Failure To Restructure Fueling Agitation For Separation – Falana SAN


*Faults AGF, SGF As Officials Of The Federation
*Says 1964 Grazing Reserve Law Applicable To The North

Amid national clamour for restructuring, Nigeria’s foremost human rights lawyer, Mr. Femi Falana (SAN) has said the failure of the federal government to restructure is fueling agitation for separation in different parts of the federation.

Falana, a former President of the West African Bar Association (WABA), warned that referring to t Attorney-General, Accountant-General and Auditor-General, among others, as officials of the federation was erroneous and misleading.

He made these remarks in an exclusive interview with THISDAY, saying the All Progressives Congress (APC) turned its back on restructuring despite entrenching power devolution in its manifesto.

Analysing diverse issues of national interest during the session, the senior advocate observed that the agitations had forced the leaders of the APC to review their position because it had repeatedly reneged on its promises to restructure.

He said the APC had entrenched restructuring in its manifesto and campaigned for power devolution from the centre to the other federating units, a promise the ruling party should ordinarily honour.

But upon winning the 2015 general election, according to the human rights lawyer, the APC turned its back on restructuring. Even at a stage, the presidency accused the agitators for restructuring of trying to break up the country.

As Nigerians were getting prepared for the 2019 general election, Falana noted that the APC instituted its Committee on True Federalism under the chairmanship of Kaduna State Governor, Mallam Nasir el-Rufai.

He pointed out that the committee “recommended restructuring and set out the details for power devolution. Already, the report has been gathering dust in the archives.

“It is on account of the inconsistent positions of the ruling party that many people became frustrated and joined the separatist movements.

“An influential section of the political class has been campaigning for a return to regionalism via the 1963 Constitution. The agitations appear to have forced the leaders of the APC to review their position,” he observed.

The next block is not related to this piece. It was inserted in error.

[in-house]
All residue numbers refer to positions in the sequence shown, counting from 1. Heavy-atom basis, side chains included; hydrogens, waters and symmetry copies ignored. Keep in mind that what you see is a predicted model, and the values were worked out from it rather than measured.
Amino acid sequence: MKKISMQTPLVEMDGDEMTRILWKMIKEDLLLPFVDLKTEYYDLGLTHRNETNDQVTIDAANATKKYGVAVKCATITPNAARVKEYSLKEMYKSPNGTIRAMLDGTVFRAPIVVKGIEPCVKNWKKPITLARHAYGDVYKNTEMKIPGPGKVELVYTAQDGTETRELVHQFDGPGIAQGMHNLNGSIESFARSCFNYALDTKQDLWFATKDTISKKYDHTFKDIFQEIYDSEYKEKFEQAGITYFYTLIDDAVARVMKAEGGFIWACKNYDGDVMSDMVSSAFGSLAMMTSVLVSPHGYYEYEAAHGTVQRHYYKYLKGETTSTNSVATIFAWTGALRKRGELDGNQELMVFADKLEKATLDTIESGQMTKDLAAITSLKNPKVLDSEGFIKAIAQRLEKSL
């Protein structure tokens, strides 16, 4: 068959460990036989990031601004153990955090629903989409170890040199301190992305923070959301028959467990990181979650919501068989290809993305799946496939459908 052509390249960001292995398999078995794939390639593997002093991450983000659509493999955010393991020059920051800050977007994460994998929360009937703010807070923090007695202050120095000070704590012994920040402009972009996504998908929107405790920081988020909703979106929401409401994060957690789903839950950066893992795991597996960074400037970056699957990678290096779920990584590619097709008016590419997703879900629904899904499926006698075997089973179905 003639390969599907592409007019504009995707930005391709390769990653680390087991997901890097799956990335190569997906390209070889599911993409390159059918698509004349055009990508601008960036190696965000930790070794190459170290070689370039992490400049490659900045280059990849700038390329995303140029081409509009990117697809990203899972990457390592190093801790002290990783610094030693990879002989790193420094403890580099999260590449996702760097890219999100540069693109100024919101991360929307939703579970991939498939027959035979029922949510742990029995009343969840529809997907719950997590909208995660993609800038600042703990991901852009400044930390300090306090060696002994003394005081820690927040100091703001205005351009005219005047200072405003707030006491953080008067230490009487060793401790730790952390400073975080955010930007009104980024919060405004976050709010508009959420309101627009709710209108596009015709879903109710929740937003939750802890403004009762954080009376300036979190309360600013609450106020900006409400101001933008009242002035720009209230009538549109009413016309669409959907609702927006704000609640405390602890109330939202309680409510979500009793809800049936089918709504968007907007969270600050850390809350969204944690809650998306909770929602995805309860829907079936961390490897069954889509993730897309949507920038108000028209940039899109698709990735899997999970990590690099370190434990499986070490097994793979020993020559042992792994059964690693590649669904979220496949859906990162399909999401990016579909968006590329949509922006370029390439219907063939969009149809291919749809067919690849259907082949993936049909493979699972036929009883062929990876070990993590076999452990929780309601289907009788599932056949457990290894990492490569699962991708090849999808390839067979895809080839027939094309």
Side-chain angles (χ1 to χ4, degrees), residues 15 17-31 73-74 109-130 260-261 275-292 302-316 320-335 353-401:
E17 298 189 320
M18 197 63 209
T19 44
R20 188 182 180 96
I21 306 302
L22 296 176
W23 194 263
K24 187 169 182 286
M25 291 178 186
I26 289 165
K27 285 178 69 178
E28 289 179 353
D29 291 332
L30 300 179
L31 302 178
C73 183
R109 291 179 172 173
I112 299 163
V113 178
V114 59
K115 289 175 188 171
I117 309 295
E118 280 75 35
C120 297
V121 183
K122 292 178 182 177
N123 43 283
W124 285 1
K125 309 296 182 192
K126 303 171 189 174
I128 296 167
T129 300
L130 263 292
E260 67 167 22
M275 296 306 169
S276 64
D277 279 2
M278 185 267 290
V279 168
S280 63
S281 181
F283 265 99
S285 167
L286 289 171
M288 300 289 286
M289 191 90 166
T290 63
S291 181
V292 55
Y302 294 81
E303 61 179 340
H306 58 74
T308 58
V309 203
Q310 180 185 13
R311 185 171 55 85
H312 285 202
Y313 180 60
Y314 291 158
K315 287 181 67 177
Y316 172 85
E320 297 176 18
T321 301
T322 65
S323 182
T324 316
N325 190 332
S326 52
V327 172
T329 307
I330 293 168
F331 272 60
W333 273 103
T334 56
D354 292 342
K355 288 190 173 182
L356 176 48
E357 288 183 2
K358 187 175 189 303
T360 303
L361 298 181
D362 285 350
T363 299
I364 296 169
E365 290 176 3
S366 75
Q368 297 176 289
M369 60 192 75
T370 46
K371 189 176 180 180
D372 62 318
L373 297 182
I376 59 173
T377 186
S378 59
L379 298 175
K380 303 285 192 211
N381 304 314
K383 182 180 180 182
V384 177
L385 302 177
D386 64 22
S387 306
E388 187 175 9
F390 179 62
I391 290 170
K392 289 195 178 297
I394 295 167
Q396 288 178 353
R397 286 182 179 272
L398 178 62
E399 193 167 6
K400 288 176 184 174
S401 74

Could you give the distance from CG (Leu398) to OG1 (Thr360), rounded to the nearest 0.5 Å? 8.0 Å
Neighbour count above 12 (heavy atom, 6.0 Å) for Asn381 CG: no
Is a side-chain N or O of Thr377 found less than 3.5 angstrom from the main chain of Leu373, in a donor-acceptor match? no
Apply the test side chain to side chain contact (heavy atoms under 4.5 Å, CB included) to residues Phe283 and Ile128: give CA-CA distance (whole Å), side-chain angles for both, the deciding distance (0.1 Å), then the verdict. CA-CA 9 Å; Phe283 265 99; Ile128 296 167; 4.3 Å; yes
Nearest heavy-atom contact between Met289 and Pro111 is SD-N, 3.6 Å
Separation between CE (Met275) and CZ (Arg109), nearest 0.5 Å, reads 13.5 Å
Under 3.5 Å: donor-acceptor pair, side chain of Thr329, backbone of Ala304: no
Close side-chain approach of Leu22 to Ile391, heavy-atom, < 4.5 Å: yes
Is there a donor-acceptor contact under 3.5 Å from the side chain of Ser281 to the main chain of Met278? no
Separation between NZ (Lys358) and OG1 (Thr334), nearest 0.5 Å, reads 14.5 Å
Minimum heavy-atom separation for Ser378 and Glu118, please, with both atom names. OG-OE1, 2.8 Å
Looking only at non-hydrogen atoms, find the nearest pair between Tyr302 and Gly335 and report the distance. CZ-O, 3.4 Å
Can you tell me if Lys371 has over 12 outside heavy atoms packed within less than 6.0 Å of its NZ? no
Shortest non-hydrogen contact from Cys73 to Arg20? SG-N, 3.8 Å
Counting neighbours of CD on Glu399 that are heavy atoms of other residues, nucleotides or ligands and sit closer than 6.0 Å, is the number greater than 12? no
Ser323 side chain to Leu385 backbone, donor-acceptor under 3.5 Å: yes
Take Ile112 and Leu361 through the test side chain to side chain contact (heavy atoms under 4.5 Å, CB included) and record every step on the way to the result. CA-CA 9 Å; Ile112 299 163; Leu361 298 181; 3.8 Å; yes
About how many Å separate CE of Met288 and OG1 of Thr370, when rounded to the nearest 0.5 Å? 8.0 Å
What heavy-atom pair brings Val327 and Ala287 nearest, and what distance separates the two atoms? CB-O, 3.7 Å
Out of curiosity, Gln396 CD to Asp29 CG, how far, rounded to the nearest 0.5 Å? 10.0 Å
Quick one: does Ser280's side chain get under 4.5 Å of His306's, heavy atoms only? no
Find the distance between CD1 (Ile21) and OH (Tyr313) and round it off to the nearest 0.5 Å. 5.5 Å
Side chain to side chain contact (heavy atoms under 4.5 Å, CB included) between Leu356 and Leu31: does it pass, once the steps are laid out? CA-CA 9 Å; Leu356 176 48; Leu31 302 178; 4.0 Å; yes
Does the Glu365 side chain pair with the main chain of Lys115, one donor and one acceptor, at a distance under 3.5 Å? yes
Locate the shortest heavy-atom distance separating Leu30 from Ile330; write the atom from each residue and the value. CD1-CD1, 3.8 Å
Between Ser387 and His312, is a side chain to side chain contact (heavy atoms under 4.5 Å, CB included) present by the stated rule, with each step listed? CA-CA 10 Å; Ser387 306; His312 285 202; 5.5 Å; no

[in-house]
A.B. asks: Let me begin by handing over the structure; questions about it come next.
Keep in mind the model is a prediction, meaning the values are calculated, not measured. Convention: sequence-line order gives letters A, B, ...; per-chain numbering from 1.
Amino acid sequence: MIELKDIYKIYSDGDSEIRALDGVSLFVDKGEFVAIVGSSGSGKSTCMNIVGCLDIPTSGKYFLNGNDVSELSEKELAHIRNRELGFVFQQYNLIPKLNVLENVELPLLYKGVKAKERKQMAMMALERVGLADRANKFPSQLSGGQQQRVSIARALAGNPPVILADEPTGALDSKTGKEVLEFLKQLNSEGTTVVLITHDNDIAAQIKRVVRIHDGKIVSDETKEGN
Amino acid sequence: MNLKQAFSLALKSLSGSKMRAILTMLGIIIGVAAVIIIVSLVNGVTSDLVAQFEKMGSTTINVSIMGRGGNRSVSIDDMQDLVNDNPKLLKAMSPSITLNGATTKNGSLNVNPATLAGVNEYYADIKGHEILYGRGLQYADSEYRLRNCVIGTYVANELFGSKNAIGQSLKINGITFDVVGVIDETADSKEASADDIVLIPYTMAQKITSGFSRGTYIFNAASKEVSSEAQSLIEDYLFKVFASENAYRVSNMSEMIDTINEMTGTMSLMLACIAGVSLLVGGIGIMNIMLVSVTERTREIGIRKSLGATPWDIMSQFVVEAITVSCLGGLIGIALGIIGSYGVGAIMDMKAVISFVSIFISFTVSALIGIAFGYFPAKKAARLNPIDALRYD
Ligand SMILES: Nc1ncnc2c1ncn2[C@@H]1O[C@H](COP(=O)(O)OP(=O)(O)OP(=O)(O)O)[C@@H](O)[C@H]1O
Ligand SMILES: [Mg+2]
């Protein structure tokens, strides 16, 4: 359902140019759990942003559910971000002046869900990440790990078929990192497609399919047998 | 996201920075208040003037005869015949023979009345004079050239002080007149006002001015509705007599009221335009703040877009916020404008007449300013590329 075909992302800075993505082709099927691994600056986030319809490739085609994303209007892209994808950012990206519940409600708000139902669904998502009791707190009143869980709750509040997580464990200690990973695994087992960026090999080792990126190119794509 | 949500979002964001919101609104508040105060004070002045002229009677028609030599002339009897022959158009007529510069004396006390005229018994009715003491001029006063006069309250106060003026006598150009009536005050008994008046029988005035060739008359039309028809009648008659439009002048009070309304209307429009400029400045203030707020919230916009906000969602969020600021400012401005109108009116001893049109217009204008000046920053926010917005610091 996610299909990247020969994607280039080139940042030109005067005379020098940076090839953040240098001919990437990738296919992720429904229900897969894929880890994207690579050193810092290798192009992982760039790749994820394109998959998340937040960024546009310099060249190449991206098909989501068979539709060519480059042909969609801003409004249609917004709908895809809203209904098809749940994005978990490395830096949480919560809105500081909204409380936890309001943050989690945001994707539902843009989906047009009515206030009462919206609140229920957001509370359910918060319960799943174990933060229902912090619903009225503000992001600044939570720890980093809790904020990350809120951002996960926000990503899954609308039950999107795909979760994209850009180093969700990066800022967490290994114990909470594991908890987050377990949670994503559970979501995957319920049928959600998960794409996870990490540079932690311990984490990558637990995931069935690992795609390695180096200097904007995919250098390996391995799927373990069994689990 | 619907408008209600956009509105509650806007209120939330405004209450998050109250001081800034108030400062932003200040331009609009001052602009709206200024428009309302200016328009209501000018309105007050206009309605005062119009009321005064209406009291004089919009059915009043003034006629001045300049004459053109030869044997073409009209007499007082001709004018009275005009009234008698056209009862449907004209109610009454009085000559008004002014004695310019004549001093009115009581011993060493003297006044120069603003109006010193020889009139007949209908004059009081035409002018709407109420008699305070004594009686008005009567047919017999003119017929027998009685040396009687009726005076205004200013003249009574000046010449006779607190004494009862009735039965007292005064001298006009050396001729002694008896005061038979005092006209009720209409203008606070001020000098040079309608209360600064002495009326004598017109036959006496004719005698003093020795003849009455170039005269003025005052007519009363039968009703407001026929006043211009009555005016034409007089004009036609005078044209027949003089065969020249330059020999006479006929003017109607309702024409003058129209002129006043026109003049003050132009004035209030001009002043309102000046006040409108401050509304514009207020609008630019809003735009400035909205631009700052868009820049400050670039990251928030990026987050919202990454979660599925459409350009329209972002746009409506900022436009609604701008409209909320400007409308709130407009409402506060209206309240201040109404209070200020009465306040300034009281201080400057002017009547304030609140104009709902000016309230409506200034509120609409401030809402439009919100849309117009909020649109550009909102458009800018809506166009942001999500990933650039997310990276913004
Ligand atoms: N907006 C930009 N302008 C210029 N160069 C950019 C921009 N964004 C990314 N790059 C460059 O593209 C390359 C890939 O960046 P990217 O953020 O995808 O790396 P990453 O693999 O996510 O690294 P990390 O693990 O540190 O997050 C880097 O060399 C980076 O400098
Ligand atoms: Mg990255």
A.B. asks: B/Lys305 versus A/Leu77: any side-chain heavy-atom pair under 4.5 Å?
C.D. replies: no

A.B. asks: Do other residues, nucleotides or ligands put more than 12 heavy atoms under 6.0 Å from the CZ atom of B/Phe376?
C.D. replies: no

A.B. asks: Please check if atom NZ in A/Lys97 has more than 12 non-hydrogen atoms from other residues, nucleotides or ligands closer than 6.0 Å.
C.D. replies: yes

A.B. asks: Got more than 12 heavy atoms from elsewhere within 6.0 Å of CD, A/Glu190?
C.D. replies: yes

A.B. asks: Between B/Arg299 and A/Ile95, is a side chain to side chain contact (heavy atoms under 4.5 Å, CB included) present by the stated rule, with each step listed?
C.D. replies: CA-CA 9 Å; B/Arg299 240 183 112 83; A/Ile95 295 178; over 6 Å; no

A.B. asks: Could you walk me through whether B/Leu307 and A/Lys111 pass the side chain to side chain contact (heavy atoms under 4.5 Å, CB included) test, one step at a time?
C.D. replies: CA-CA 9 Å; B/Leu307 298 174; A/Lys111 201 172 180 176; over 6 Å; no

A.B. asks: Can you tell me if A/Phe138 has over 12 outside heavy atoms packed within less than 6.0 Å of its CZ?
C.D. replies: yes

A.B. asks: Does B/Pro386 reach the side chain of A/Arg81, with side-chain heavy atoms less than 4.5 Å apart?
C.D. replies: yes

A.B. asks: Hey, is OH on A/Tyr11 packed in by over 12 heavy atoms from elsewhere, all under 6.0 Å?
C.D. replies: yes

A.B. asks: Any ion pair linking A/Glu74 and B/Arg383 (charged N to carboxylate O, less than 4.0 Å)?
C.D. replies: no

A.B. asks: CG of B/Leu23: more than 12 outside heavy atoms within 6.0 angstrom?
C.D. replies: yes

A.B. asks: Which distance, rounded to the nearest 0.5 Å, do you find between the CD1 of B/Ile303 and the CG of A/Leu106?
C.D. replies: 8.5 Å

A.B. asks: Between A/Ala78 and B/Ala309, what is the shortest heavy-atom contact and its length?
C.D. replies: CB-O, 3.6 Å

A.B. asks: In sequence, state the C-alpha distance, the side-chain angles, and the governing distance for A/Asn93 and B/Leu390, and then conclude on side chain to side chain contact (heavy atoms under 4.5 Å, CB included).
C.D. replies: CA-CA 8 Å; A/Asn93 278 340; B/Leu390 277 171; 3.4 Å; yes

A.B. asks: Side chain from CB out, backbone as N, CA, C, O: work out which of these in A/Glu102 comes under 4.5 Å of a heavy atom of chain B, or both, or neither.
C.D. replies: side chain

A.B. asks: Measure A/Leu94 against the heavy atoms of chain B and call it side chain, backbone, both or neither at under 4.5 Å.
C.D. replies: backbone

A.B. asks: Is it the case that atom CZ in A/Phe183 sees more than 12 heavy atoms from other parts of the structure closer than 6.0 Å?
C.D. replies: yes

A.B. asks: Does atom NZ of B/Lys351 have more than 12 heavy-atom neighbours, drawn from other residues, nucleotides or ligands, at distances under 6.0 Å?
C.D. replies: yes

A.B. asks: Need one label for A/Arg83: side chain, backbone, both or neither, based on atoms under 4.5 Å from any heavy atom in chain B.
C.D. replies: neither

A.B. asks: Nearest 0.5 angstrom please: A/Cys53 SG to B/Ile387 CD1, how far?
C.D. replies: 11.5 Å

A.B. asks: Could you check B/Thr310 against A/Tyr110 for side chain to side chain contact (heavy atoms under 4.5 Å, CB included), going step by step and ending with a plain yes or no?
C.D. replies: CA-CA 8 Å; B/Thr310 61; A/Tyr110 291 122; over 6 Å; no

Falana faulted the claims of the president that his government “has devolved more powers to the states than the previous regimes.”

For instance, he said the federal government had argued that the airline “is in the exclusive legislative list. But Akwa Ibom State operates one of the best domestic airlines in the country while the federal government has not been able to revive the Nigerian Airways.
“The federal government has invited state governments to set up mining companies for the exploitation of solid minerals.

“The federal government has upheld fiscal autonomy for the federal judiciary and legislature while state governments have followed suit as a result of the just concluded industrial action by state judiciary and parliamentary staff unions.

“It has been reported that not less than 21 state governments are being assisted by the federal government to establish ranches and grazing reserves in order to address the perennial violent clashes between farmers and herders,” he pointed out.

Falana, therefore, said he believed the economic crisis confronting the country provided a golden opportunity for states to become economically viable and stop the practice of rushing to Abuja to share the dwindling revenue in the Fe deration Account.

The senior advocate, also, noted that the military legacy of referring to certain public officers as serving the federation should stop.

In the first republic, Falana explained that the federal government “had a Minister of Justice and Attorney-General while the regional governments had Ministers of Justice and Attorneys-General.

“It was when the country was under military rule that the Minister of Justice became the Attorney-General of the Federation.

“The era also produced the Secretary to the Government of the Federation, Accountant-General of the Federation, and Auditor-General of the Federation etc. This was due to the fact that the state governments were extensions of the Federal Military Government.